“We’ve taken the driver skill away from the drivers in this package,” Kyle Busch said. “Anybody can go out and run around there and go wide open. You (media) can probably do it. It’s going to be a lot more mental game, a lot more chess match, thinking how you make moves, how daring you’ll be.”
Many of those who view themselves as “racers” in the garage feel the same way, grumbling the new rules go against the traditional spirit of motorsports.
NASCAR is well aware of the opinions, of course. Probst acknowledged the majority of drivers dislike the package (and wondered aloud why they would openly say it doesn’t take skill if drivers are paid for those very talents). But officials pushed forward with this approach in hopes it would make for a better on-track product.
In short, if Cup cars race like the Truck Series, it will be deemed a success in the halls of NASCAR. After all, fans have long claimed Truck racing was the best NASCAR had to offer. NASCAR took that as a hint.
So will it work? That’s where the pencil comes in and the pen disappears.
The short answer: I don’t know. You don’t know. The drivers don’t know. NASCAR doesn’t know. No one knows for sure, and anyone saying otherwise is just guessing.
However, there were some hints at the Vegas test. And the results were mixed:
— Could the cars stay closer together than before? No doubt. However, Vegas is a relatively smooth, fast and low-wear track. During the drafting sessions, the leader could hold the gas wide open all the way around the track — but the cars in the pack had their hands full and often had to lift, depending how their cars were set up. That won’t be the case at a place like Fontana, where the tires were making a considerable difference at the three-car test and even the leader had to lift after six or seven laps.
— Could the leader get passed? Through the five draft sessions in Vegas, it looked quite difficult to achieve. If a driver had even a half-decent car, it appeared clean air would leave them untouchable as the second- and third-place cars scrambled to try and get by. The action in the field was good, but for the lead? Not so much. But again, that’s at a specific test with specific circumstances that might not apply everywhere — so we just don’t know yet.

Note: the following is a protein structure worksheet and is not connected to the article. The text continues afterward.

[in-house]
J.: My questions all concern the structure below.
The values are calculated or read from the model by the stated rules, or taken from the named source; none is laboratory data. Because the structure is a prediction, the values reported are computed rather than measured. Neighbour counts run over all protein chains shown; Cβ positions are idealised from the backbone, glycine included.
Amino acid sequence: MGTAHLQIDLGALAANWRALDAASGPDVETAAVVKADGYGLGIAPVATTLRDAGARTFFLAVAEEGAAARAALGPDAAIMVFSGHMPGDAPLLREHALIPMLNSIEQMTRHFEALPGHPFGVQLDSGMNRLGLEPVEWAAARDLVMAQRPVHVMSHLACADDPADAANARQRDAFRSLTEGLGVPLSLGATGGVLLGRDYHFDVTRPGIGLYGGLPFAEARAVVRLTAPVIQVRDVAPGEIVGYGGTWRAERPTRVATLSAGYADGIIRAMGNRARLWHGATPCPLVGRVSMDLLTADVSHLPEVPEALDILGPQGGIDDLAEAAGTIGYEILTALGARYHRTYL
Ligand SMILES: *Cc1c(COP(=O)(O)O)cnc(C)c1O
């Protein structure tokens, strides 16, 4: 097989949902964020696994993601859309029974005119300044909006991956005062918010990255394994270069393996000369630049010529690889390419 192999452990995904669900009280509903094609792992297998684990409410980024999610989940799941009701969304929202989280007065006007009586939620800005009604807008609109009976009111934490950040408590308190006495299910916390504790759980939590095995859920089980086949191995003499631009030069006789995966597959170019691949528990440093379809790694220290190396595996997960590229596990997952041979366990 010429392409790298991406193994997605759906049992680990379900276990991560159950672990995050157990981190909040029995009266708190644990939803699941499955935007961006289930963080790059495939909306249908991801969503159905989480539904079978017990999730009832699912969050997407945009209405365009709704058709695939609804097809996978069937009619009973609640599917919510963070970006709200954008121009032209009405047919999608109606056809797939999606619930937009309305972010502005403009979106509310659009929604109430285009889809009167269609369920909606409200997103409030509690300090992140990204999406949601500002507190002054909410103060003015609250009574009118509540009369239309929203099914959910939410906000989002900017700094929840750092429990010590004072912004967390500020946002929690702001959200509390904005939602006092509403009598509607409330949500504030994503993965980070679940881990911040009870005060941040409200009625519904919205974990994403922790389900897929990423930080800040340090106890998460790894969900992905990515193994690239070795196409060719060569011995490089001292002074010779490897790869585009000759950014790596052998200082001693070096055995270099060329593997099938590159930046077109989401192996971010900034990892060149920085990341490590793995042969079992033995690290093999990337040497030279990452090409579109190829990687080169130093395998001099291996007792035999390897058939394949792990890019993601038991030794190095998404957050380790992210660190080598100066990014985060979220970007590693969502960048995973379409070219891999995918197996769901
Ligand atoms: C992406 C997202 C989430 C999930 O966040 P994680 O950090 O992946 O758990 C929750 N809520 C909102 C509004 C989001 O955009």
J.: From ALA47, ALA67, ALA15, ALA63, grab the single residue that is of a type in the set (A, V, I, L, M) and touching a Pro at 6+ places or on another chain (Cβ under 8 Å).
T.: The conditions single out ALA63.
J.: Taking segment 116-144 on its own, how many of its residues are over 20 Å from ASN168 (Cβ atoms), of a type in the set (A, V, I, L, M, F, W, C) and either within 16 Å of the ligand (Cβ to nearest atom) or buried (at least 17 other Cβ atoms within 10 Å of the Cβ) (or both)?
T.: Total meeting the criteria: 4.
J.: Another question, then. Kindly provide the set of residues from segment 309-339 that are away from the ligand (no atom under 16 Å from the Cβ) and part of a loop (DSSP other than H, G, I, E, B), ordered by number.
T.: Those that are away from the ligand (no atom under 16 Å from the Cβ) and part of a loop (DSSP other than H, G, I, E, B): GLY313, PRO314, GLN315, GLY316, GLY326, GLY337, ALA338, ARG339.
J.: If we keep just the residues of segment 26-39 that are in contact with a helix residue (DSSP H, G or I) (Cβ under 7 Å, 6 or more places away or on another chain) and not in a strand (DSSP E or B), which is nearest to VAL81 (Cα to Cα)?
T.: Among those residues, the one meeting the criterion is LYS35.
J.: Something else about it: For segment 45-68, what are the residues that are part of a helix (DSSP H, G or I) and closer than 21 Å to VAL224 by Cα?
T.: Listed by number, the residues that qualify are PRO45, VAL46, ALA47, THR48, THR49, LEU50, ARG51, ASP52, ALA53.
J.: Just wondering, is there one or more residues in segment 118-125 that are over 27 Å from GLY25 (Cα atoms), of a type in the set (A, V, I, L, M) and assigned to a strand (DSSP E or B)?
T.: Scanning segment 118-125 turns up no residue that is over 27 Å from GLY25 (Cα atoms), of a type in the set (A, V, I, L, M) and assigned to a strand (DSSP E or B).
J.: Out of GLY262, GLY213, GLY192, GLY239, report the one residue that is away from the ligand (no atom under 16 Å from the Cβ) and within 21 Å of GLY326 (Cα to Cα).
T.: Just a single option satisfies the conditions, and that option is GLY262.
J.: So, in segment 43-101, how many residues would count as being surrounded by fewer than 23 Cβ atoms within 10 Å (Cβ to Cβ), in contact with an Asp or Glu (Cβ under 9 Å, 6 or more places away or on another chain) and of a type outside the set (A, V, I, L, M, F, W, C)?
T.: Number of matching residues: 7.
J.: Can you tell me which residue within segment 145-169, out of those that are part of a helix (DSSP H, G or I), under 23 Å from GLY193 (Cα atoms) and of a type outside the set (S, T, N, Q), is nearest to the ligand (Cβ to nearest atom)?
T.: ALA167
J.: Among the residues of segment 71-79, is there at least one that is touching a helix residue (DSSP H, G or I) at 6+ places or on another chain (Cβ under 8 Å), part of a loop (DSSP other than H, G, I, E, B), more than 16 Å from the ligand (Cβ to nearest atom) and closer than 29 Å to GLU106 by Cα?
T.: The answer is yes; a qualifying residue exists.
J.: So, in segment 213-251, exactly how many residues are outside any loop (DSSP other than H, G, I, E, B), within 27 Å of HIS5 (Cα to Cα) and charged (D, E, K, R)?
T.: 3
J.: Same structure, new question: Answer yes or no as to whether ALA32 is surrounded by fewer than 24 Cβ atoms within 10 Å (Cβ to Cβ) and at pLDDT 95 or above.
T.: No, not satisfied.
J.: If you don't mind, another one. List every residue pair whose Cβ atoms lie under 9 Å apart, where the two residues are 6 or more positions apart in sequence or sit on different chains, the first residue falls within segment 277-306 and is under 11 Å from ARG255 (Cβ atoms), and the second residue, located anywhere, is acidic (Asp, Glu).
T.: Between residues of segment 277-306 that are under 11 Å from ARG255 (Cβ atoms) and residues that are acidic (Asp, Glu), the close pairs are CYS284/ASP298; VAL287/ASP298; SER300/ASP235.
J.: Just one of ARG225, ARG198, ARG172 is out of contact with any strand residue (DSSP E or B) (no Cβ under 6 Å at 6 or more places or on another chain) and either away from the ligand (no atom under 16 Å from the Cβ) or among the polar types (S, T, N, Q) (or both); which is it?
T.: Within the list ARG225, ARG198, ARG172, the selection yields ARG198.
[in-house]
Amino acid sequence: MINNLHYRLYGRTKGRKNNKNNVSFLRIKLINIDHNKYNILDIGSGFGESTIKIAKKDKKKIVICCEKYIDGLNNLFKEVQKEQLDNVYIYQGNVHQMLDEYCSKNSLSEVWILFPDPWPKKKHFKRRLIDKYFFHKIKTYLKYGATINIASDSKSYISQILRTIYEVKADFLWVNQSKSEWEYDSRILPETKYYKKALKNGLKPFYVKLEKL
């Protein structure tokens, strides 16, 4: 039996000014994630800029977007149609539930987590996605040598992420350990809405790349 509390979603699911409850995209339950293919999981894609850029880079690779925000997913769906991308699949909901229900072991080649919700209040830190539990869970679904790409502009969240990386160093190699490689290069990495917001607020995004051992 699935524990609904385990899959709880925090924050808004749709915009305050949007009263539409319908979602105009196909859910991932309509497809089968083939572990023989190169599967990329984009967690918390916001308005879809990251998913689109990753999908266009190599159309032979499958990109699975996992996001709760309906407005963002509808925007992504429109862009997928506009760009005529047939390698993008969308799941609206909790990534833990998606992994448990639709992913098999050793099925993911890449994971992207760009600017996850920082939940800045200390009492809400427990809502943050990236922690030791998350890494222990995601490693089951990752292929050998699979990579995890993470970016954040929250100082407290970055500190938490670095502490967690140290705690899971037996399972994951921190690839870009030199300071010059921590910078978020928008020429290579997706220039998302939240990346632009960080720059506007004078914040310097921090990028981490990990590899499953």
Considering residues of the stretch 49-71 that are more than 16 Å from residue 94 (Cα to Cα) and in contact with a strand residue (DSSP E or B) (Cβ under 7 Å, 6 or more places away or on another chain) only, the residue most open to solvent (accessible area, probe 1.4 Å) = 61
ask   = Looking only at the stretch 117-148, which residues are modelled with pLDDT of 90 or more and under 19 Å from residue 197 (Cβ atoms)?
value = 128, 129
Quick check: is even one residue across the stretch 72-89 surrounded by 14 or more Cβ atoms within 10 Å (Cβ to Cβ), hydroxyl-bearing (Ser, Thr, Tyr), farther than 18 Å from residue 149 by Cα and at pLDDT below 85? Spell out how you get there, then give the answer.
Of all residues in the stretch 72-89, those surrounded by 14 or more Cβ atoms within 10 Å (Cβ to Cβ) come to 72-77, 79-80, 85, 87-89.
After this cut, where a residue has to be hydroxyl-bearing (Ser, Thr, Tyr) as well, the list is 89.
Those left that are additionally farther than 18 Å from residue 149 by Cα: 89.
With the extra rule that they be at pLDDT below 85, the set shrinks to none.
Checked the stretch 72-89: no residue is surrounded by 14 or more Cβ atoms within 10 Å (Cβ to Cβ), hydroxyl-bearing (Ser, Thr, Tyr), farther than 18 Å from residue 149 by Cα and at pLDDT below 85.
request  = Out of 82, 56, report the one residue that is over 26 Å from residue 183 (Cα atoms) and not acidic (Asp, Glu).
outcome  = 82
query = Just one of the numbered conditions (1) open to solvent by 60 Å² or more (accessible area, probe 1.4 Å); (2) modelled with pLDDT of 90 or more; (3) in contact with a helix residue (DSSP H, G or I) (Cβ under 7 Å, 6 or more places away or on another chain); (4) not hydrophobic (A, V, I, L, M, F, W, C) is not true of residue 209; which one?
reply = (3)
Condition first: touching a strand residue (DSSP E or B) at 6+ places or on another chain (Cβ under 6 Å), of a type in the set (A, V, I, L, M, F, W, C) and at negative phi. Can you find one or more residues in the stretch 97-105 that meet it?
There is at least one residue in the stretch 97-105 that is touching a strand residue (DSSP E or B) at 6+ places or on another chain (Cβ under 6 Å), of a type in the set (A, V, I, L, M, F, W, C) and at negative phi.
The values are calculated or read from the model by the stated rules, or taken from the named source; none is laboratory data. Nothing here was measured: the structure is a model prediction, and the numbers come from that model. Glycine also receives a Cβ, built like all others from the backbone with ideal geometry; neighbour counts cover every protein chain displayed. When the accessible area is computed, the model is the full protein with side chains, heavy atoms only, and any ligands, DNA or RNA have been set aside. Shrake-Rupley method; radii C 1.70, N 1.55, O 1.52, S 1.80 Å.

— Did this package take some engineering out of the cars? Maybe in some ways, but now crew chiefs and engineers will just have a different challenge. They can trim their cars out to be fast but perhaps not handle well or set up to have a good long-run car but sacrifice some of the drafting speed.
— Will this change the strategy? Big time, and moreso than we can even grasp. With track position looking like it could mean more than ever, crew chiefs might have to take huge gambles on tires late in a race. Pit stops will be absolutely vital; a pit-road penalty might doom someone’s race. And there might even be some wrinkles we can’t yet anticipate, such as drivers teaming up to bump-draft in order to pass the leader.
Let’s go back to writing in pen for a moment, because we know this much for sure: As it stands now, this will be one of the most unpredictable seasons NASCAR has ever had. Between the new package and the playoff format, trying to come up with a field of 16 playoff drivers — let alone a championship pick — will be more like wild guesses.
There will likely be drivers who make the playoffs based on a Hail Mary call to stay out at the right time, while others who benefit from races filled with attrition from the additional crashes that will take place this season. There will be spectacular wrecks on restarts and highlight reels filled with daring, aggressive moves for the lead.